Close losses hurting Vols’ NCAA tourney hopes
KNOXVILLE, Tenn. (AP) — Near misses are becoming all too common for Tennessee.
After falling just short of the NCAA tournament each of the past two years, Tennessee (16-11, 7-7 SEC) could fail to earn a bid again because of its inability to win close games.
Tennessee enters Wednesday’s game at Mississippi State (13-14, 3-11) holding a 2-10 record in games with single-digit margins and an 0-5 mark in matchups decided by five points or fewer.
The Vols, who have lost three of their past four overall, remain confident they can turn things around.
“It’s not over,” Tennessee guard Jordan McRae said. “We’ve still got four games left. We’ve still got the (SEC) tournament. The season’s not over yet. The (NCAA) tournament could still happen.”
The pattern of close losses continued Saturday with a 68-65 overtime defeat at Texas A&M that increased speculation regarding the future of Volunteers coach Cuonzo Martin.
Tennessee made six straight NCAA tournament appearances before Martin’s arrival. The Vols reached the NIT each of Martin’s first two seasons. Martin said he doesn’t “waste time and energy” worrying about his job security.
“If you put the work in, everything else will take care of itself,” Martin said. “I don’t have that time and energy (to worry about distractions). If it’s negative, I don’t consume myself with it.”
The Texas A&M game dropped Tennessee out of the mock NCAA tournament bracket produced by CBSSports.com’s Jerry Palm. ESPN’s Joe Lunardi still has Tennessee participating in a play-in game.
“They’ve got to win the games they’re supposed to win,” Palm said. “They’re not doing that.”
The Vols believe they can change that.
“It’s something that has to be done,” McRae said. “We’ve got to win these last four games. We’re real confident because we’re more than capable of winning these last four.”
Tennessee went 11-7 in games with single-digit margins last season, which makes the Vols’ struggles in close games this season hard to comprehend. Tennessee’s lack of production from its point guards may help explain the discrepancy.
Former Tennessee point guard Trae Golden was erratic last season, but he could carry a team when he was at his best. Golden has since transferred to Georgia Tech, where he’s averaging 13.1 points per game.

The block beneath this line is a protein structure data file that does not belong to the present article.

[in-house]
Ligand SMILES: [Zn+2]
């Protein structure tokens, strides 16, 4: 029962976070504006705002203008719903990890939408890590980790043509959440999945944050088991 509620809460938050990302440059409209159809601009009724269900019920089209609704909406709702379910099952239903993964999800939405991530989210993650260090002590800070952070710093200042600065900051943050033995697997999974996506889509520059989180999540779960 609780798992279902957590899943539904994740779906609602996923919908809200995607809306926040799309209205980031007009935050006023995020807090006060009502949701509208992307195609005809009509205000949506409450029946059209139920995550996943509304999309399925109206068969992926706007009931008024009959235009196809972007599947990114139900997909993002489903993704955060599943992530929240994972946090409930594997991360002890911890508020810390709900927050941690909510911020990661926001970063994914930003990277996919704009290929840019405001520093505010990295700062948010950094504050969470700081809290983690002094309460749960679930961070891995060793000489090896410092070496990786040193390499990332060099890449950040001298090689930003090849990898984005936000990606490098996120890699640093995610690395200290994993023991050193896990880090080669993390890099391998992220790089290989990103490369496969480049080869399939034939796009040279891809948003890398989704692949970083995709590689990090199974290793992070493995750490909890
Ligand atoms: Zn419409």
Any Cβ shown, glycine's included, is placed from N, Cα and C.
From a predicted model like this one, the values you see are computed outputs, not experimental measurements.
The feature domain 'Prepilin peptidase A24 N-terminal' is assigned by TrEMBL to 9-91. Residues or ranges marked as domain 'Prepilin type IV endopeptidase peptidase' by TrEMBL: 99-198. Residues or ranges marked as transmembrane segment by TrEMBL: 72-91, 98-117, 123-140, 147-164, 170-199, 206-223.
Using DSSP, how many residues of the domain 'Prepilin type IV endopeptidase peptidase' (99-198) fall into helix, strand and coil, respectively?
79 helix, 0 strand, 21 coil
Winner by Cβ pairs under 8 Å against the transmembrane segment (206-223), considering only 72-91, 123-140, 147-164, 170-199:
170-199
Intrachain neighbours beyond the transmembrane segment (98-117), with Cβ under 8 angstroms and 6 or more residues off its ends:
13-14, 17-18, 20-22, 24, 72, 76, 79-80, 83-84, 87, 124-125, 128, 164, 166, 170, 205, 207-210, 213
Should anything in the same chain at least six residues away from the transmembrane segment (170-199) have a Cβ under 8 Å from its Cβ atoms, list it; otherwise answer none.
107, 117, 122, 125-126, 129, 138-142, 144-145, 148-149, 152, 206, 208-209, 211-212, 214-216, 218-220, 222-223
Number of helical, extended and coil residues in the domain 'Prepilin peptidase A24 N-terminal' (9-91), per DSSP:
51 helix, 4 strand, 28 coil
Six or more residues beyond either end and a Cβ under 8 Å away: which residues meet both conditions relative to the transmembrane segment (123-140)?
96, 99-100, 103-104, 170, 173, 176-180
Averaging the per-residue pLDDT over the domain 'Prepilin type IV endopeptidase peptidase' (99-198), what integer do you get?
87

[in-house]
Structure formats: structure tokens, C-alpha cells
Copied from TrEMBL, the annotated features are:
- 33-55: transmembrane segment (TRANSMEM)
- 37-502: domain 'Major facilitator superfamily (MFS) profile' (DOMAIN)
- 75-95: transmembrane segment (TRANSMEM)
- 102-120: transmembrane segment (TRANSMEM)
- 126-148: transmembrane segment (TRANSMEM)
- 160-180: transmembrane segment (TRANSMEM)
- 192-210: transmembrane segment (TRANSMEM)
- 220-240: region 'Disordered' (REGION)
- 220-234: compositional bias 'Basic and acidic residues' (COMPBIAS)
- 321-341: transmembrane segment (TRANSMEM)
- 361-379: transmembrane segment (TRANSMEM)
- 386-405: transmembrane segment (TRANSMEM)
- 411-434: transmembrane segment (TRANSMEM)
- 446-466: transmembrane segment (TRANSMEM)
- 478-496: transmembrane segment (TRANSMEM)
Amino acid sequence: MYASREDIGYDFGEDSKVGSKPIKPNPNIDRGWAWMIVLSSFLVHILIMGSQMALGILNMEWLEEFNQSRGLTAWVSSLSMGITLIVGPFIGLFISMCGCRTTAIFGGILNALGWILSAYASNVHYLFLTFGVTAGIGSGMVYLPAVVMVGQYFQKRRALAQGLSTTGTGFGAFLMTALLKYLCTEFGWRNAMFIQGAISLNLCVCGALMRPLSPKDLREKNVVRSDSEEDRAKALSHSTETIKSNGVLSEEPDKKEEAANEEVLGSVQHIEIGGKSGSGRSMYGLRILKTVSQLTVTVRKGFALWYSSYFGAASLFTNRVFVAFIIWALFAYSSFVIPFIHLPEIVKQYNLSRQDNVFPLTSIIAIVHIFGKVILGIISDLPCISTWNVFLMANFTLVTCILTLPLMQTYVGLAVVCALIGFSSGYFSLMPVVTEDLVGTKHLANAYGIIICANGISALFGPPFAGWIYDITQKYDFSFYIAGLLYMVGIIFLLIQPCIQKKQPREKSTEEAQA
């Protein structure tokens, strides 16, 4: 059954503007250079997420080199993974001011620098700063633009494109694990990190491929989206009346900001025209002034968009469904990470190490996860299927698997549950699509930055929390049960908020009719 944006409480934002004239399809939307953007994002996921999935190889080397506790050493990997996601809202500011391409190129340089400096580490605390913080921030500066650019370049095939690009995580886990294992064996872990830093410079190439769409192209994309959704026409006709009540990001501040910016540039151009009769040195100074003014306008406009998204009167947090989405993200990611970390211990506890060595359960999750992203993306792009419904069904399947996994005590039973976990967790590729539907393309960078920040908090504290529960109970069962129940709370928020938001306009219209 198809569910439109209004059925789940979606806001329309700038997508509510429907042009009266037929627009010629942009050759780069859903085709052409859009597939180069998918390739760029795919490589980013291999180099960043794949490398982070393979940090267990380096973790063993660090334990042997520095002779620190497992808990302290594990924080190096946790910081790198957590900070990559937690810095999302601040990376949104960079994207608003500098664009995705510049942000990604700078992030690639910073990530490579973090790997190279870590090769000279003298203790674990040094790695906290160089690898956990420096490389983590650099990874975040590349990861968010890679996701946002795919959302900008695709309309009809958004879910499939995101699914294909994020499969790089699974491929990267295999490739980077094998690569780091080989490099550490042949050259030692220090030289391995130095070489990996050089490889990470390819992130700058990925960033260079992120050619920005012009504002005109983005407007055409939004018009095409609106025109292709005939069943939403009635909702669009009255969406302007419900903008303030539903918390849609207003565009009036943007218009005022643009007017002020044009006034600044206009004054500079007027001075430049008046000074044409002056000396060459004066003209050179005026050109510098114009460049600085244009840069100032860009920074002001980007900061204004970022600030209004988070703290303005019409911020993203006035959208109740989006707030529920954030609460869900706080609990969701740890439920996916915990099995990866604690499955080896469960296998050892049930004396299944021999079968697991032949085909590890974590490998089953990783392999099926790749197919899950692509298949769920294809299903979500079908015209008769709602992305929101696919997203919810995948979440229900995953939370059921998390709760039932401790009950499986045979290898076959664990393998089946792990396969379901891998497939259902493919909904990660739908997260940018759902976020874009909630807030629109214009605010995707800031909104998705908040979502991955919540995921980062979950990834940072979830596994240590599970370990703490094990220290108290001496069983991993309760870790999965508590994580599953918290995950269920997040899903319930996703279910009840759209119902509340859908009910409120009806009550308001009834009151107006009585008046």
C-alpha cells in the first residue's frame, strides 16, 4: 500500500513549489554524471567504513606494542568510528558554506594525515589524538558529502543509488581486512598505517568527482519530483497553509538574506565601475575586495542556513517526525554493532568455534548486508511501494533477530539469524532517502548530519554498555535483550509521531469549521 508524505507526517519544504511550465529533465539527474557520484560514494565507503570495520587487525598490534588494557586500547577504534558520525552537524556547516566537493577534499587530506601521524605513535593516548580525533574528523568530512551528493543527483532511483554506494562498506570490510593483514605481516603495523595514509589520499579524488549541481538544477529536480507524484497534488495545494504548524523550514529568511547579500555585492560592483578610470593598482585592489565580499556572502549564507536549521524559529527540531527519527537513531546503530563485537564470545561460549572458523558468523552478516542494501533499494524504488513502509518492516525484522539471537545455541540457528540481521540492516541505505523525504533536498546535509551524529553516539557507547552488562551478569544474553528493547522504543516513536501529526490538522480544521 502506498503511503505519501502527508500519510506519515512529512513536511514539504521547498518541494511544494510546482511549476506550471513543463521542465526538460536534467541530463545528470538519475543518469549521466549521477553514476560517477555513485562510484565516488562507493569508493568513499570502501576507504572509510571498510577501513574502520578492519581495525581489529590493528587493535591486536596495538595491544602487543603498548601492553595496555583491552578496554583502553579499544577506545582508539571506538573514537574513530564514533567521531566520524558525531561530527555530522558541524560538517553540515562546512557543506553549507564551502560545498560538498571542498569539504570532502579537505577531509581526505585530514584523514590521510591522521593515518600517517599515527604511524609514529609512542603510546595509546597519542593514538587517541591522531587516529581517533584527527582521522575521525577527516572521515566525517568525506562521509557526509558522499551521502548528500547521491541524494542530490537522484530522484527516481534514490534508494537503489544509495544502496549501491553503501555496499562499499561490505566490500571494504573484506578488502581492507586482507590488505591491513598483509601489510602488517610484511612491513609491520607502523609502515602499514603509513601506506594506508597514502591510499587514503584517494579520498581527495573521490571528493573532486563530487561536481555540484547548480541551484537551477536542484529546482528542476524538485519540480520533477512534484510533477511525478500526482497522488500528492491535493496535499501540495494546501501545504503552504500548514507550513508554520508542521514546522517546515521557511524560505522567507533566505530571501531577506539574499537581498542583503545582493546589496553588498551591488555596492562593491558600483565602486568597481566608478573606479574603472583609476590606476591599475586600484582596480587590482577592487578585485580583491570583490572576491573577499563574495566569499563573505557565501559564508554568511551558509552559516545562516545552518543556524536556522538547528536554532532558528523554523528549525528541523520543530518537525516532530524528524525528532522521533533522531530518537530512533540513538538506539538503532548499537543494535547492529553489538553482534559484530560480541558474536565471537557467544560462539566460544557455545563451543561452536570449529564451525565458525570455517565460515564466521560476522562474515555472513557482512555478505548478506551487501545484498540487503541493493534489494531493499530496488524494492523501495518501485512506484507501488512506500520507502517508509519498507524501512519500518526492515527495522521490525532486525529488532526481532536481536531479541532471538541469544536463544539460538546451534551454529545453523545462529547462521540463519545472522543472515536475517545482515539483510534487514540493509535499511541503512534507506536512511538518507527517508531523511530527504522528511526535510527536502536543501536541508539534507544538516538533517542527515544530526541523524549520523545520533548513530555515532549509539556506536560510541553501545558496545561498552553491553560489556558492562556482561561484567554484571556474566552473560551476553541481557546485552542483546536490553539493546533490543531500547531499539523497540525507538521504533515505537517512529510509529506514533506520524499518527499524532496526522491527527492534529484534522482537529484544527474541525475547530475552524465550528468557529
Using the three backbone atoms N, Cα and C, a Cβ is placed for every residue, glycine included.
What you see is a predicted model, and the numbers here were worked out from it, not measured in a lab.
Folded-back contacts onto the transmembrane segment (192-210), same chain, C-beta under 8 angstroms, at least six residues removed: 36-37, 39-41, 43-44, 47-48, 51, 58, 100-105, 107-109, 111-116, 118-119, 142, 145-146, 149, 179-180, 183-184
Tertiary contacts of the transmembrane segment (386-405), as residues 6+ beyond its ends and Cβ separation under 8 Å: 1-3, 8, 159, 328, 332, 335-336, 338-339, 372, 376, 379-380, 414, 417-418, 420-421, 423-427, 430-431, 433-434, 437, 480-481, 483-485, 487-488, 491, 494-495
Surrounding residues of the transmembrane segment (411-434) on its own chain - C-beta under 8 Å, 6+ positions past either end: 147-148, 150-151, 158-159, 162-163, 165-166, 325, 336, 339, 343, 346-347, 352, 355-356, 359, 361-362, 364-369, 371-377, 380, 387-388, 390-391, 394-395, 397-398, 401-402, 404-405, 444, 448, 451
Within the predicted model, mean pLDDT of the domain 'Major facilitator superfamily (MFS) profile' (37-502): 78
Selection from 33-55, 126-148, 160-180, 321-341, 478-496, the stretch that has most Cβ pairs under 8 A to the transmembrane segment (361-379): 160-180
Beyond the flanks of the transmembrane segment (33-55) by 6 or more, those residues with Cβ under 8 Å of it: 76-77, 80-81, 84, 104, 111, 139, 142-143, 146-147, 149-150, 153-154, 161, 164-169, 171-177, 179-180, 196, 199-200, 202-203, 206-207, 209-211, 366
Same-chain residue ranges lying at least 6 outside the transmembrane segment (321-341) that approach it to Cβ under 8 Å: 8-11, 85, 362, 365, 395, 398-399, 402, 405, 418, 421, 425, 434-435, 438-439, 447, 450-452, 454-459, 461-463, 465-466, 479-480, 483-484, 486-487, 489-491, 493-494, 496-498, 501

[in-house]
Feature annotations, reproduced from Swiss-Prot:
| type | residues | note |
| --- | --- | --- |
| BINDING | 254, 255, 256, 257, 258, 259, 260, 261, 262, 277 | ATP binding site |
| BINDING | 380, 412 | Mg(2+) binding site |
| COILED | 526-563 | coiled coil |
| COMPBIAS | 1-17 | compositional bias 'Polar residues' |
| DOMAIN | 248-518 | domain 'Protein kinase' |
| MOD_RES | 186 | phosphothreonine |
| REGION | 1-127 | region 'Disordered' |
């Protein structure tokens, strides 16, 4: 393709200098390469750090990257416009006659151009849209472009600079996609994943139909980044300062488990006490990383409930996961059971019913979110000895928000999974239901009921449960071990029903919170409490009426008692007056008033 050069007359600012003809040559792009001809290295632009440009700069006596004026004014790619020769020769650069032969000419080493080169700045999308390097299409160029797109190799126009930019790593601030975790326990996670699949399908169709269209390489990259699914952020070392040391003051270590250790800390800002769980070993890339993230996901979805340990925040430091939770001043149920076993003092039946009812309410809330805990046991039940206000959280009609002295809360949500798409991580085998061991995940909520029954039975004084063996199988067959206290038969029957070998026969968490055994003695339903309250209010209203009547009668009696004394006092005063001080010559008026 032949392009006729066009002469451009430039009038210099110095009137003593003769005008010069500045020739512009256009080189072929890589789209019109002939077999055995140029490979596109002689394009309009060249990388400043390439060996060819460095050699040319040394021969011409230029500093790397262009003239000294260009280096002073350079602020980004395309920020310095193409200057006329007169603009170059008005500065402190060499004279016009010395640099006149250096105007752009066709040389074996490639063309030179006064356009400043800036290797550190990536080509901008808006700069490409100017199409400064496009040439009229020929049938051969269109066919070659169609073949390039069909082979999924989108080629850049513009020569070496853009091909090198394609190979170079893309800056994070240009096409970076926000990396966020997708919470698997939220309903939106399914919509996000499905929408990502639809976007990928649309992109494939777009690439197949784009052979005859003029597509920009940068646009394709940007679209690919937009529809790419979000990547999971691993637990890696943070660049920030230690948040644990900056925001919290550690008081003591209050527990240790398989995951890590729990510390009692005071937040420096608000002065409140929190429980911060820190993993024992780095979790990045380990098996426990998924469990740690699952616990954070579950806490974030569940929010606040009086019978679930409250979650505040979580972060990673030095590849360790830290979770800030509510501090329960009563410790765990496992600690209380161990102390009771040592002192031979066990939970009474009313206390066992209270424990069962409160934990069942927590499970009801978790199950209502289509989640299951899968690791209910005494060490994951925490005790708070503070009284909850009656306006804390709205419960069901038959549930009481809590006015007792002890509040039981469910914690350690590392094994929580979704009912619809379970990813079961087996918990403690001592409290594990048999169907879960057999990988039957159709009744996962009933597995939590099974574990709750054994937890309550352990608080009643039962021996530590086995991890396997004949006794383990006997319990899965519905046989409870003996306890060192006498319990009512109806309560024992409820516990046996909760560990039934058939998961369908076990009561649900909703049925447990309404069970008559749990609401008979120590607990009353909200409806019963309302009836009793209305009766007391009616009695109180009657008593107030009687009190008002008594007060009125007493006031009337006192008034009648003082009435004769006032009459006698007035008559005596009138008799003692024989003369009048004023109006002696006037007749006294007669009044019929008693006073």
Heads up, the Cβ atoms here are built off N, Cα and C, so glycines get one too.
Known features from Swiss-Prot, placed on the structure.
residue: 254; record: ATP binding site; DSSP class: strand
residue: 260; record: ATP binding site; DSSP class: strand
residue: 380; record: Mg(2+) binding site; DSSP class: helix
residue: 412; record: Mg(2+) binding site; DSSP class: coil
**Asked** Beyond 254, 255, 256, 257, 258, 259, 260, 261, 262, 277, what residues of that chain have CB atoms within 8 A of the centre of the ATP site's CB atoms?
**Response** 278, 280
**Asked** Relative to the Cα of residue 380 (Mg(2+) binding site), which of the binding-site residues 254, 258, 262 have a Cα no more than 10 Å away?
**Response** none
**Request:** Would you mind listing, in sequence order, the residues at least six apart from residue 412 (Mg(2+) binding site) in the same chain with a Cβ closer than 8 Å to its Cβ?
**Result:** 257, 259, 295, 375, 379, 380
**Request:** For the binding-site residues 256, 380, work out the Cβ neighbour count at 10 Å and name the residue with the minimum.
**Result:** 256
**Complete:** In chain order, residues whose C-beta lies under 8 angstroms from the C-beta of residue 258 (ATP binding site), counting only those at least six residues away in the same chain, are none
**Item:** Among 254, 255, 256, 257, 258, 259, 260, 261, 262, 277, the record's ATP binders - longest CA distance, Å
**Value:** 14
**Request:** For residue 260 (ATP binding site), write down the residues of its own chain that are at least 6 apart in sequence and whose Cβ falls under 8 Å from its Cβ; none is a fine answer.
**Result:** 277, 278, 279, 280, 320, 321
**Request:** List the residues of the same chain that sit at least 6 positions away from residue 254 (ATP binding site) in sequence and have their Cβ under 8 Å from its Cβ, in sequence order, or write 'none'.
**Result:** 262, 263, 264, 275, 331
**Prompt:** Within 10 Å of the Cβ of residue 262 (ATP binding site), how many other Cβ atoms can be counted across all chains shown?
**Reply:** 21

The Vols believed Antonio Barton, a natural shooting guard, could fill the void created by Golden’s departure. But the Memphis transfer lost his starting job midway through the season and has scored more than seven points just once in his past 11 games.
Barton splits time with freshman Darius Thompson, who hasn’t exceeded two points in any of Tennessee’s past six games.
“You’ve got to get production at that position,” Martin said. ”(It’s) not so much scoring points (as) running the team, distributing the basketball, getting guys in position to score.”
Tennessee could regain some momentum against Mississippi State, which has lost nine straight games. Tennessee’s Jarnell Stokes and Jeronne Maymon — both 6-foot-8 and 260 pounds — should have a major matchup advantage against a Mississippi State team that ranks last in the SEC in blocks and 12th out of 14 conference teams in rebound margin.
“Our lack of inside depth wasn’t an issue during non-conference games,” Mississippi State coach Rick Ray said. “As we continued to play physical, big SEC teams, it’s proven to be a problem.”
Martin believes his team can still get an NCAA bid even if it doesn’t win the SEC tournament. Palm agreed it’s too early to rule out the Vols of an at-large consideration.
“If you’re on the bubble, you still have a chance,” Palm said. “Tennessee’s still on the bubble. There’s too much basketball left to be played to eliminate a team like Tennessee.”
AP Sports Writer David Brandt in Starkville, Miss., contributed to this report.